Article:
Padma Shri Dr. Nataraja Ramakrishna’s painstaking work on Perini is bearing fruit, with the Telangana Government instituting a four-year diploma course in Perini in the Music and Dance Schools in the State. Apart from this, the high-energy level dance is being exhibited at major State functions and schools in a bid to popularise Perini.

Preserving culture to pass it on to generations has been the practice for centuries. Some cultures have survived orally by passing it on in the family or through the study of written texts. The Telangana Government is doing its best by preserving the dance art form Perini that flourished during the rule of Kakatiyas. In the 1970s, Dr. Nataraja Ramakrishna recreated Perini after a careful study of Nandhikeshava’s Bharatanavam and Jayapa Senani’s Nritta Ratnavali. Thanks to Padma Shri Nataraja Ramakrishna’s hard work of restructuring this dance form, a four-year diploma course in Perini has been launched in the six Music and Dance Schools in Hyderabad, Warangal, Nizamabad and Manthani. As Nataraja Ramakrishna conceived it as a bare-bodied male dance, the syllabus has to be duly incorporated to suit the women learners. The Telugu University will conduct the exams and also look into the syllabus. Currently, Perini is taught as a lesson in Telugu subject in Class IV, as Social subject in Class VIII and in Hindi subject in Class X.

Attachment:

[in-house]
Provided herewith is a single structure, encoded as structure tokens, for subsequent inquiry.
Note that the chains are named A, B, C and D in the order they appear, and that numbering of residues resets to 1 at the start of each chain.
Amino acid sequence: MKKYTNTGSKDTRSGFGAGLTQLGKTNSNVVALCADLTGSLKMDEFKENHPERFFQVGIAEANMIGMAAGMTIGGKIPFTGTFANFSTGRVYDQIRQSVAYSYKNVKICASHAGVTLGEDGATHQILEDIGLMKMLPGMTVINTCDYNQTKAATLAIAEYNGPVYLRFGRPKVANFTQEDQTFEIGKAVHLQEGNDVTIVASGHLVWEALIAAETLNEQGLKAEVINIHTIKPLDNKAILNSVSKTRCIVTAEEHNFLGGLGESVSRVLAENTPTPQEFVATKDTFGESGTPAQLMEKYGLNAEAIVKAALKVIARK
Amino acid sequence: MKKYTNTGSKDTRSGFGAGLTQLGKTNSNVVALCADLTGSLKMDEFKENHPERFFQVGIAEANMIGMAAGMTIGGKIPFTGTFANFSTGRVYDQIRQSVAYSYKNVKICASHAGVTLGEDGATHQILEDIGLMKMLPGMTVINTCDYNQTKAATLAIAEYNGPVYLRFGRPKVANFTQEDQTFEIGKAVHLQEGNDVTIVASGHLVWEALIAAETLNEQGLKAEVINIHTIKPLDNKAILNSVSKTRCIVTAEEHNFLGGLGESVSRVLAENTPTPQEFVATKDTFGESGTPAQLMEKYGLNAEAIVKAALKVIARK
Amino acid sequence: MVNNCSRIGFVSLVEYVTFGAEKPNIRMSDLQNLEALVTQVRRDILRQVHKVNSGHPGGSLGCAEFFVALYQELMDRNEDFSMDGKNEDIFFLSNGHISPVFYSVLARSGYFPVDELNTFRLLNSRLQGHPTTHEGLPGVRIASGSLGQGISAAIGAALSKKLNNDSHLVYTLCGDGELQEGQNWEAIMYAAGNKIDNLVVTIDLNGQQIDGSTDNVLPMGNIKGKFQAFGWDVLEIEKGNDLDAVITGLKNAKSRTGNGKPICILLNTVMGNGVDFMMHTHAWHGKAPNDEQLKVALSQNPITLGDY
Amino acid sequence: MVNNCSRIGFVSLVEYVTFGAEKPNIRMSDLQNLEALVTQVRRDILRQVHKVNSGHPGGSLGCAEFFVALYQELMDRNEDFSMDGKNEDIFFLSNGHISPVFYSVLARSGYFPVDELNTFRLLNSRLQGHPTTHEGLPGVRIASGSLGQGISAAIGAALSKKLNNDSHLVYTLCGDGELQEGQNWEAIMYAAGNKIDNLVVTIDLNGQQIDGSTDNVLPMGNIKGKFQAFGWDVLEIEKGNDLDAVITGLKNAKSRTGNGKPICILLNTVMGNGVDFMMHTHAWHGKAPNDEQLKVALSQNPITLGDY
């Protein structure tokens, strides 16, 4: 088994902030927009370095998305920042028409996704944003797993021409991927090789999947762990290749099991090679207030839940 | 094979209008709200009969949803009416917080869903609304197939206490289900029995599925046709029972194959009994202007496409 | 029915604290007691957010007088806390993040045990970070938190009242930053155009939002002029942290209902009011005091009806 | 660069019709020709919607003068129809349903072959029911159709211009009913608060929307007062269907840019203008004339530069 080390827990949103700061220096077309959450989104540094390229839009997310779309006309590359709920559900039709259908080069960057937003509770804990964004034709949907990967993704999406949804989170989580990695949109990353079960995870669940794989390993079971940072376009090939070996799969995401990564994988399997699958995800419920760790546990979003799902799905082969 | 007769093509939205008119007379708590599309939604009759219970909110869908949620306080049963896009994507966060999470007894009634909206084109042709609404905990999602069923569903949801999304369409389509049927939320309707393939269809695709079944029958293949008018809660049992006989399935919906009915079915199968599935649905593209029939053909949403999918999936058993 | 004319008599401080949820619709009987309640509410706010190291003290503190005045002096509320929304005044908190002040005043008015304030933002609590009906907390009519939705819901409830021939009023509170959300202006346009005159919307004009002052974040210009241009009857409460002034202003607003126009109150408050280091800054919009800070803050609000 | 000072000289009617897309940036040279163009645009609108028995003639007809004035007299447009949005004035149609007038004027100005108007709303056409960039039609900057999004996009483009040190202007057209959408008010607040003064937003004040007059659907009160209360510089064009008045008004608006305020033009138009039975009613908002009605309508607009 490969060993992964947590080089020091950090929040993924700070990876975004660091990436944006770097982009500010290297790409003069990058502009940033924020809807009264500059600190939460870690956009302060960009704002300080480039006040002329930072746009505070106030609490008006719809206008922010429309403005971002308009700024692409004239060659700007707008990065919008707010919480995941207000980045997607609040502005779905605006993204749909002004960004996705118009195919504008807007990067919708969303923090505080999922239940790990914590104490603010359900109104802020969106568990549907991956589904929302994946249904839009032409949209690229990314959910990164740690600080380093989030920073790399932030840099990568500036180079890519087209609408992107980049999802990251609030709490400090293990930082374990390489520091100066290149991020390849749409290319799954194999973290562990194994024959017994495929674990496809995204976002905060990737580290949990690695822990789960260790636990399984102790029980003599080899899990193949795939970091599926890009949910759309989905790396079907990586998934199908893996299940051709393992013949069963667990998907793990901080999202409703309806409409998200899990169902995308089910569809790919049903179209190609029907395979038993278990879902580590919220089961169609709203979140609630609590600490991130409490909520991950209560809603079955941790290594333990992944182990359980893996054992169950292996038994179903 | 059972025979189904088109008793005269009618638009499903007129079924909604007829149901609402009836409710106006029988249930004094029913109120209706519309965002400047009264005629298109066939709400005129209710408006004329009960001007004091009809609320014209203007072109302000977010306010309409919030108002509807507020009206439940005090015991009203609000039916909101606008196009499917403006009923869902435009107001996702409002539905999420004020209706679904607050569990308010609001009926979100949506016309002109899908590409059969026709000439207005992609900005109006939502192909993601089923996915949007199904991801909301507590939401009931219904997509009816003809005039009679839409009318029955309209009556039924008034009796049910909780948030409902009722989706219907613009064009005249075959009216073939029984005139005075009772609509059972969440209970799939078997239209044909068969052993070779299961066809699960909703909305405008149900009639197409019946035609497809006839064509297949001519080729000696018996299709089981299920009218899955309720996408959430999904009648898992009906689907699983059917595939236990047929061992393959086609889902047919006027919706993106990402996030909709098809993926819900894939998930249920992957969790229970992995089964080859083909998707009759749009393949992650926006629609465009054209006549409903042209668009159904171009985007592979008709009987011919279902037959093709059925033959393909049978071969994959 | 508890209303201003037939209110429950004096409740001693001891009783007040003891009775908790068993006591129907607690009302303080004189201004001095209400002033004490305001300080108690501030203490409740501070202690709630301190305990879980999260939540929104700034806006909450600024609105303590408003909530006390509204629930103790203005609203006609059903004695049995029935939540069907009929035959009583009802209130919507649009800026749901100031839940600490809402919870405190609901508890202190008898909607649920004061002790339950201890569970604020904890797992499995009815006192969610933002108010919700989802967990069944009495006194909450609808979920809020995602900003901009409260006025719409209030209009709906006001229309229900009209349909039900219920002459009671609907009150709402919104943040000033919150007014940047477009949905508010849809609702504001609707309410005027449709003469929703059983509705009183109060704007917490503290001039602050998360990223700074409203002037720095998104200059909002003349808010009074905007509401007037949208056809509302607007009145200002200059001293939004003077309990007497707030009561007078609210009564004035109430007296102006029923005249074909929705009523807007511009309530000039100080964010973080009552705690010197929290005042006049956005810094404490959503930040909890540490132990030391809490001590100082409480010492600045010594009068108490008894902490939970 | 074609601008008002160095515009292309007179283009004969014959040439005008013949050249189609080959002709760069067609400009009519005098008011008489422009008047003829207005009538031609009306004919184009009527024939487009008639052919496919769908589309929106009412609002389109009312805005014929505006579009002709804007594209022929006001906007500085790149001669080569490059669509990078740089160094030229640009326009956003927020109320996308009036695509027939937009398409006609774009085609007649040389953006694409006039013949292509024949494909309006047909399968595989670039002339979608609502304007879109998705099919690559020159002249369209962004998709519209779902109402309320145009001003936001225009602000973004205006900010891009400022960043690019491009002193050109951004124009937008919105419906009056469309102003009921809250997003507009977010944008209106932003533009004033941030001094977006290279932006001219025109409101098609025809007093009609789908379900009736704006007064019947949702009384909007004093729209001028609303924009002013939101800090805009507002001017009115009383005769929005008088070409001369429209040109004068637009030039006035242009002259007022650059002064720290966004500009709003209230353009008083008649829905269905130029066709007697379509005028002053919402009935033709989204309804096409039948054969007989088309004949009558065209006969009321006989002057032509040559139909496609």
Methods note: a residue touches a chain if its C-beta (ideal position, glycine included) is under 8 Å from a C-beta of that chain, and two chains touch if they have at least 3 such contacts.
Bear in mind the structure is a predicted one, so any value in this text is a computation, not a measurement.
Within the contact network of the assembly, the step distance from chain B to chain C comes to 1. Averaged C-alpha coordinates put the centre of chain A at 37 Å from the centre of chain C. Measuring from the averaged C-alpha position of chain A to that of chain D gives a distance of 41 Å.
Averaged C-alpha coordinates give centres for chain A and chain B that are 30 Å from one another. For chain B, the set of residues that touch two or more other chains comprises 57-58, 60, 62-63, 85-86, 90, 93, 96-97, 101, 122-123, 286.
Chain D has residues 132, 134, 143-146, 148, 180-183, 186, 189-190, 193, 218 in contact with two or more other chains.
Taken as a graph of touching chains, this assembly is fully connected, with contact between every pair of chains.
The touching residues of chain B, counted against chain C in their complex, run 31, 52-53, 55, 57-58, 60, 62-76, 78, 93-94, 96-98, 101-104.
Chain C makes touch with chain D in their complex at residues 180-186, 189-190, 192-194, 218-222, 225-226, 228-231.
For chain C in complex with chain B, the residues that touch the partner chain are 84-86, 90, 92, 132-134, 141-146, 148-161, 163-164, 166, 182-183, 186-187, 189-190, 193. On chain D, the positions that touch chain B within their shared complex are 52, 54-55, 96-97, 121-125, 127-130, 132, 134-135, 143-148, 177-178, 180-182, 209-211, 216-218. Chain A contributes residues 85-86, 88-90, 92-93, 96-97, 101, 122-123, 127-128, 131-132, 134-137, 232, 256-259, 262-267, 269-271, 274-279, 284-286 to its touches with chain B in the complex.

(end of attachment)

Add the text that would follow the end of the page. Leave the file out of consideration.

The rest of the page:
On the second Telangana Formation Day, 250 students, male and female, performed Perini thanks to the efforts of Department of Culture Director Mamidi Harikrishna. As part of the International Kite Festival held in Hyderabad under the able guidance of Guru Kalakrishna, his troupe performed the dance Perini at People’s Plaza, while D Prakash and Raj Kumar along with their team performed at Agha Khan Academy, Ravirala (V). In 2015, the Telangana government honoured Kalakrishna and in 2016, Prakash Dumpeti for their outstanding contribution in the field of dance.

Kalakrishna, renowned Kuchipudi and Andhra Natyam exponent, popular for his portrayal of Satyabhama and disciple of Guru Nataraja Ramakrishna, Kalakrishna learnt the nuances of Andhra Natyam and Perini from his Guruji only. Enlightening on the dance form Perini, Kalakrishna says that it has its own recognition and reputation among several dance forms of the country.

“This dance form has a performing method which consists of Gargharamu, Vishamamu, Bhavanashrayamu, Kaivaramu, and Geetamu – all performed in a collective and synchronised process either solo or by a team,” he says. Kalakrishna says that the published texts state that Perini dance is to be performed only by male artistes, and there are evidences which inform that there were female performers as well.